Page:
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Origin of the name POSEIDON. Etymology of the name POSEIDON. Meaning of the baby name POSEIDON.


POSEIDON (Ποσειδῶν).  Greek name, possibly meaning "on-sweller."  In mythology, this is the name of a god of horses and the sea.  He is equated with Roman Neptune

... Much has been said in praise of a new etymology of Poseidon.  Fick proposed to connect it with οἰδέω, rarely οἰδάω, to swell, οἶδμα, the swelling of the sea, or the sea itself.  With the preposition πός for ποτί, πος-ειδ-άων is supposed to have meant the swell.  The transition of προτί to πρός is intelligible enough, nor can it be doubted that the Doric ποτί takes the place of προτί.  But it should be remembered that in ancient Doric—(and the name of Potîdas is supposed to be old)—the final ι before a vowel is not elided, and if Boeckh admitted it once in Pindar, O. vii, 90, this would probably not be regarded as a valid excuse for Potîdas.  Secondly, there is, as far as I know, no other case where πός stands as a preposition before a verb.  Then there is the real difficulty of the short ι in ποσῐδήιον which cannot be separated from ποσειδῶν.   I mention all this not as in my opinion fatal to the etymology of Poseidon, but only as showing how easy it is to start minute objections to almost any mythological etymology, and how much more difficult to remove them, or to account for them.  What makes me hesitate much more before accepting the etymology of Poseidon as the On-sweller is the purely descriptive character of the name of this son of Kronos, though until a better etymology is suggested, which I shall hope to do further on, we may perhaps be allowed under reserve to retain it.  I see, however, that Brugmann, though giving all the dialectic varieties of the name, does not endorse Fick's etymology.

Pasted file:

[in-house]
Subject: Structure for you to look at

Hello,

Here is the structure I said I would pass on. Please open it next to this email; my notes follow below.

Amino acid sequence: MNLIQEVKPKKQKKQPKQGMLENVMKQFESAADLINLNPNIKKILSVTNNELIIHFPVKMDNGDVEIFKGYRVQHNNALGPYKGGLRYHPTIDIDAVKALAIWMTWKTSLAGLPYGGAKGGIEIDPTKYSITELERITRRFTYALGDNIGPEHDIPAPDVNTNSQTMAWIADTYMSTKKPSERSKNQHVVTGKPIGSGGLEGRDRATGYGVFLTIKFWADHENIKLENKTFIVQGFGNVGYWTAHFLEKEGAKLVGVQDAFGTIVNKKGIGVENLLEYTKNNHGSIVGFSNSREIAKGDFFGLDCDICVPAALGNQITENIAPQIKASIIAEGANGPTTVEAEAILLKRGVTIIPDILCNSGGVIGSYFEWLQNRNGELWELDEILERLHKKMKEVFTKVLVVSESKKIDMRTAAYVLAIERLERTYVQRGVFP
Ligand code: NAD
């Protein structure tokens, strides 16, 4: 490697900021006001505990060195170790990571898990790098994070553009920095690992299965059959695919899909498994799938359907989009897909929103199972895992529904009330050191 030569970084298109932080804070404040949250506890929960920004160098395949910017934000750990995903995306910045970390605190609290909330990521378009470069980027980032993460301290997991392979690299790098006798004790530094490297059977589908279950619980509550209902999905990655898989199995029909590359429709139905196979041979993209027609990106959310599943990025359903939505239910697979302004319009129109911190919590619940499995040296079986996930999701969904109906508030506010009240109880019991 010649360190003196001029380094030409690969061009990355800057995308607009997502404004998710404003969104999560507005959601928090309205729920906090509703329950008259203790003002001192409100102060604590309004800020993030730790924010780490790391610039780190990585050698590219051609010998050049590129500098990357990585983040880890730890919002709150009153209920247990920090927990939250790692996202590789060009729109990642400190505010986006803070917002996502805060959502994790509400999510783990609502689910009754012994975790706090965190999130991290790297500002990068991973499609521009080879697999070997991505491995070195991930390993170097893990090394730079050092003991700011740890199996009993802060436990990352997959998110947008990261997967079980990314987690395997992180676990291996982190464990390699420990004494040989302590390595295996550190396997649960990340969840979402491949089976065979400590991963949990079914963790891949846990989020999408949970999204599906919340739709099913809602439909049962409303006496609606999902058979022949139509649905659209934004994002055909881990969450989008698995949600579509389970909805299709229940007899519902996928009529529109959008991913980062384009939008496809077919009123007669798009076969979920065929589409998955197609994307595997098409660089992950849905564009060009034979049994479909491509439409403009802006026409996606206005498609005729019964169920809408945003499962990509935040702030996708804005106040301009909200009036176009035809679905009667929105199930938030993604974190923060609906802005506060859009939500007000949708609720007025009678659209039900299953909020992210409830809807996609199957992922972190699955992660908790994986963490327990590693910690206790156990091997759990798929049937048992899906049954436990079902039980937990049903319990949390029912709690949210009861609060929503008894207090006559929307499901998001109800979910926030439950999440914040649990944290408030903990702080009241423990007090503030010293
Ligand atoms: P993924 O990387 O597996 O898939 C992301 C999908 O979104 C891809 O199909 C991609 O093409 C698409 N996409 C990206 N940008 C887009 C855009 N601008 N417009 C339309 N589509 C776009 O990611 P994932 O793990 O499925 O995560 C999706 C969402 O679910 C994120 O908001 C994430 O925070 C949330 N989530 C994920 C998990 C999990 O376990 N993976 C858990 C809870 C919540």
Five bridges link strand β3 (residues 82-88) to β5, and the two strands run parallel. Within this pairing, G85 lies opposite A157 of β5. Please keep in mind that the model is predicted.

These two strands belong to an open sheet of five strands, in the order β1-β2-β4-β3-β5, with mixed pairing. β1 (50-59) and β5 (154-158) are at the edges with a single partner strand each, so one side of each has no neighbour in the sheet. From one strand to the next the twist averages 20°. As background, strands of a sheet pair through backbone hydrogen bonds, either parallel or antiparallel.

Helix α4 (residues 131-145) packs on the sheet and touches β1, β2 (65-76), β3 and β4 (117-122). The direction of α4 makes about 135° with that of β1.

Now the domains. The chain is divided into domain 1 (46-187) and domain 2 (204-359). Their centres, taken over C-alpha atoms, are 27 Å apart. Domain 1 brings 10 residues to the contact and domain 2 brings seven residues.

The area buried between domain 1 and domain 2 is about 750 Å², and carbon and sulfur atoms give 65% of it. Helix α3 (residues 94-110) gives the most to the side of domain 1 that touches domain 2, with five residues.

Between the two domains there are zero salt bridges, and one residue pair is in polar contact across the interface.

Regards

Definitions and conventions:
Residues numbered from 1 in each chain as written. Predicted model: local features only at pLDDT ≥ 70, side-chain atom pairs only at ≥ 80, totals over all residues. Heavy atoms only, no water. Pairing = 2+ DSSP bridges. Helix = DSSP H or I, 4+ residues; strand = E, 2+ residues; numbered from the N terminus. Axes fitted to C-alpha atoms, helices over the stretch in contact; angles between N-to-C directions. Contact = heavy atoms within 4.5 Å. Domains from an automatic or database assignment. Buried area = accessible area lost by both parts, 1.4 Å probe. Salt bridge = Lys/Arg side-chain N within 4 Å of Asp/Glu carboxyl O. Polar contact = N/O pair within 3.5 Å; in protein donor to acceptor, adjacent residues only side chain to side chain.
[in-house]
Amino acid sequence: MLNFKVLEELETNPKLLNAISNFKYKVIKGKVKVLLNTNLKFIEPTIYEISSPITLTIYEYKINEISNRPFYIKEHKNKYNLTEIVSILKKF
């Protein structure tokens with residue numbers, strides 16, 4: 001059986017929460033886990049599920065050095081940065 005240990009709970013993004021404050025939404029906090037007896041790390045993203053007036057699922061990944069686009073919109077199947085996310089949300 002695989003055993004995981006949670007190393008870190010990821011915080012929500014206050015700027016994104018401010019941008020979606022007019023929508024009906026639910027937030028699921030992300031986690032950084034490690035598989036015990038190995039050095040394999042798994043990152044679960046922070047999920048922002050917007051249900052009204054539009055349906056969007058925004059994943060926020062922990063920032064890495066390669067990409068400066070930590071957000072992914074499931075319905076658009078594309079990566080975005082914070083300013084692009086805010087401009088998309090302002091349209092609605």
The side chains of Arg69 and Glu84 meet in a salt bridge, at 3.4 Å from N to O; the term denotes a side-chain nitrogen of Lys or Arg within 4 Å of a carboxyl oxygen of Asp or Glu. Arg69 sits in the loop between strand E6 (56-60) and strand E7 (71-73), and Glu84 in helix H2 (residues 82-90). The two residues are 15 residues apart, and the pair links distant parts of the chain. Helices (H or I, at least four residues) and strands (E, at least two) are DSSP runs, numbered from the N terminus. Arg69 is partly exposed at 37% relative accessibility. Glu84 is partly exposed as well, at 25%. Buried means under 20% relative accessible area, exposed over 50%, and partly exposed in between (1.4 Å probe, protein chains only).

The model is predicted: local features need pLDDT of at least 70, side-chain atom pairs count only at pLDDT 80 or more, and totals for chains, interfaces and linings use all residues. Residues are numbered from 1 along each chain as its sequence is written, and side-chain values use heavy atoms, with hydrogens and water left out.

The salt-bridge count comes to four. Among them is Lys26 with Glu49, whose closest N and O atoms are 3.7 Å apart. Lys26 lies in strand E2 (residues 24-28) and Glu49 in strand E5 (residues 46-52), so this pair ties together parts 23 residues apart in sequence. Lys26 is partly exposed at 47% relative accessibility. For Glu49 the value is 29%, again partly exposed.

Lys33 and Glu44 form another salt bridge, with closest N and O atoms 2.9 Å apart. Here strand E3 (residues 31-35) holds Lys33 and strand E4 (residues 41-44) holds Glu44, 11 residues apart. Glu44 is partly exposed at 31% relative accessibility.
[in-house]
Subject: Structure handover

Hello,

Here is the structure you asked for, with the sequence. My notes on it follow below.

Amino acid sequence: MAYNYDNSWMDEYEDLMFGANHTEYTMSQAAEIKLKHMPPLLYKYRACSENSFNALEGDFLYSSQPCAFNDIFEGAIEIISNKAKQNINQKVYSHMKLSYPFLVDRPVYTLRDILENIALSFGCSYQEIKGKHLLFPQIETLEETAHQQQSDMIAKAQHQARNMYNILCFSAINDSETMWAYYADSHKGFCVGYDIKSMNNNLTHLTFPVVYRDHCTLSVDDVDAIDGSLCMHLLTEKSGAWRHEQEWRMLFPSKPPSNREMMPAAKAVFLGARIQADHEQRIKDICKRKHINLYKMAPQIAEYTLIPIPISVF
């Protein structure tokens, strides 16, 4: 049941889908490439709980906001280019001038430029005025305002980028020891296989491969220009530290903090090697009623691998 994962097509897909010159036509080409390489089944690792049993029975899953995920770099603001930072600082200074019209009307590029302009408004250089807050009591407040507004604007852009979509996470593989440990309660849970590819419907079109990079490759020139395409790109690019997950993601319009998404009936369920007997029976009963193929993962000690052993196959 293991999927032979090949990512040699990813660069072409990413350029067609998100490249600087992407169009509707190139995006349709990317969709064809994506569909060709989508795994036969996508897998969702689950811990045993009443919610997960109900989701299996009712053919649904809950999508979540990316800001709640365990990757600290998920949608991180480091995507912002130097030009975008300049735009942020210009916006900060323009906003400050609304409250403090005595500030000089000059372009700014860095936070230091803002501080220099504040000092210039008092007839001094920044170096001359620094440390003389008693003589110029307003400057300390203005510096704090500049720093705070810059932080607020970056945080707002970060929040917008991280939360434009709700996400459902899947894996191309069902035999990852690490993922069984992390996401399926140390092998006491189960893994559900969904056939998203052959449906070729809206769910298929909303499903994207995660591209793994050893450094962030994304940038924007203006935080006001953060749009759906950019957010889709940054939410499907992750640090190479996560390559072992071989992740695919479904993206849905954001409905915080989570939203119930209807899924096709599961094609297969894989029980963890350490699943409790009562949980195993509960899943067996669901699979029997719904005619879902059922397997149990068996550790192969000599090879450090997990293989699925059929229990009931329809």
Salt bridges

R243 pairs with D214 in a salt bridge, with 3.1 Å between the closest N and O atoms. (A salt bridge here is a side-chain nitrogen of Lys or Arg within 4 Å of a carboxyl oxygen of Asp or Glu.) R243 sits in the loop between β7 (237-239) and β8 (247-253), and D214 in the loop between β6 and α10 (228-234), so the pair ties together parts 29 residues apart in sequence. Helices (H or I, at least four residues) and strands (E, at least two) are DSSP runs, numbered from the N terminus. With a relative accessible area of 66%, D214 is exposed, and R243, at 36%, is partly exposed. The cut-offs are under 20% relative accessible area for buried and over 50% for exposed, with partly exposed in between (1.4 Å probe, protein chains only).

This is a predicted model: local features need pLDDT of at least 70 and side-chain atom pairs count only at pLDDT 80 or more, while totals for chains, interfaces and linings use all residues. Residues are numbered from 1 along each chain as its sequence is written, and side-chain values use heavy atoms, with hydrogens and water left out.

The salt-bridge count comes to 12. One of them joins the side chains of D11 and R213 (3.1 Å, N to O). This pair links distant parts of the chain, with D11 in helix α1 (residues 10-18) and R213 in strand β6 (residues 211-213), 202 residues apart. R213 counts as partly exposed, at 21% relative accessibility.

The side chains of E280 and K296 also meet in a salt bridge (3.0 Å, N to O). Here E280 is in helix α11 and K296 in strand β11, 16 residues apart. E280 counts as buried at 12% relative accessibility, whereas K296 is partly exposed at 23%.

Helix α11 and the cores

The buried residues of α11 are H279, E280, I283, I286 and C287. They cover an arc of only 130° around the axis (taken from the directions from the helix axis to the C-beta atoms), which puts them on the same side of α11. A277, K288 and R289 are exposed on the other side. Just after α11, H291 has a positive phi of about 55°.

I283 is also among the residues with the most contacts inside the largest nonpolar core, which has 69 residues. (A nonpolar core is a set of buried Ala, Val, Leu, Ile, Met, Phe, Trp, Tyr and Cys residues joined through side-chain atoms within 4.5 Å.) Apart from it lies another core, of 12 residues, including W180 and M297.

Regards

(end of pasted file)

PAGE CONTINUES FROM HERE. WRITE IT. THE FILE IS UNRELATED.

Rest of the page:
Anthon says:

The etymology of the names Poseidon and Neptunus is doubtful.  Poseidon is written in Doric Greek Poteidan (Ποτειδᾱν), of which we have another example in the name of Potidæa, written Poteidaia (Ποτειδαία) in the inscription, now in the British Museum, on those Athenians who fell before this city.  The name, according to some writers, contains the same root in the first syllable as we find in ποτός and ποταμός; and has the same reference, in all likelihood, to water and fluidity. (Contributions to the Science of Mythology, Müller, 1897).


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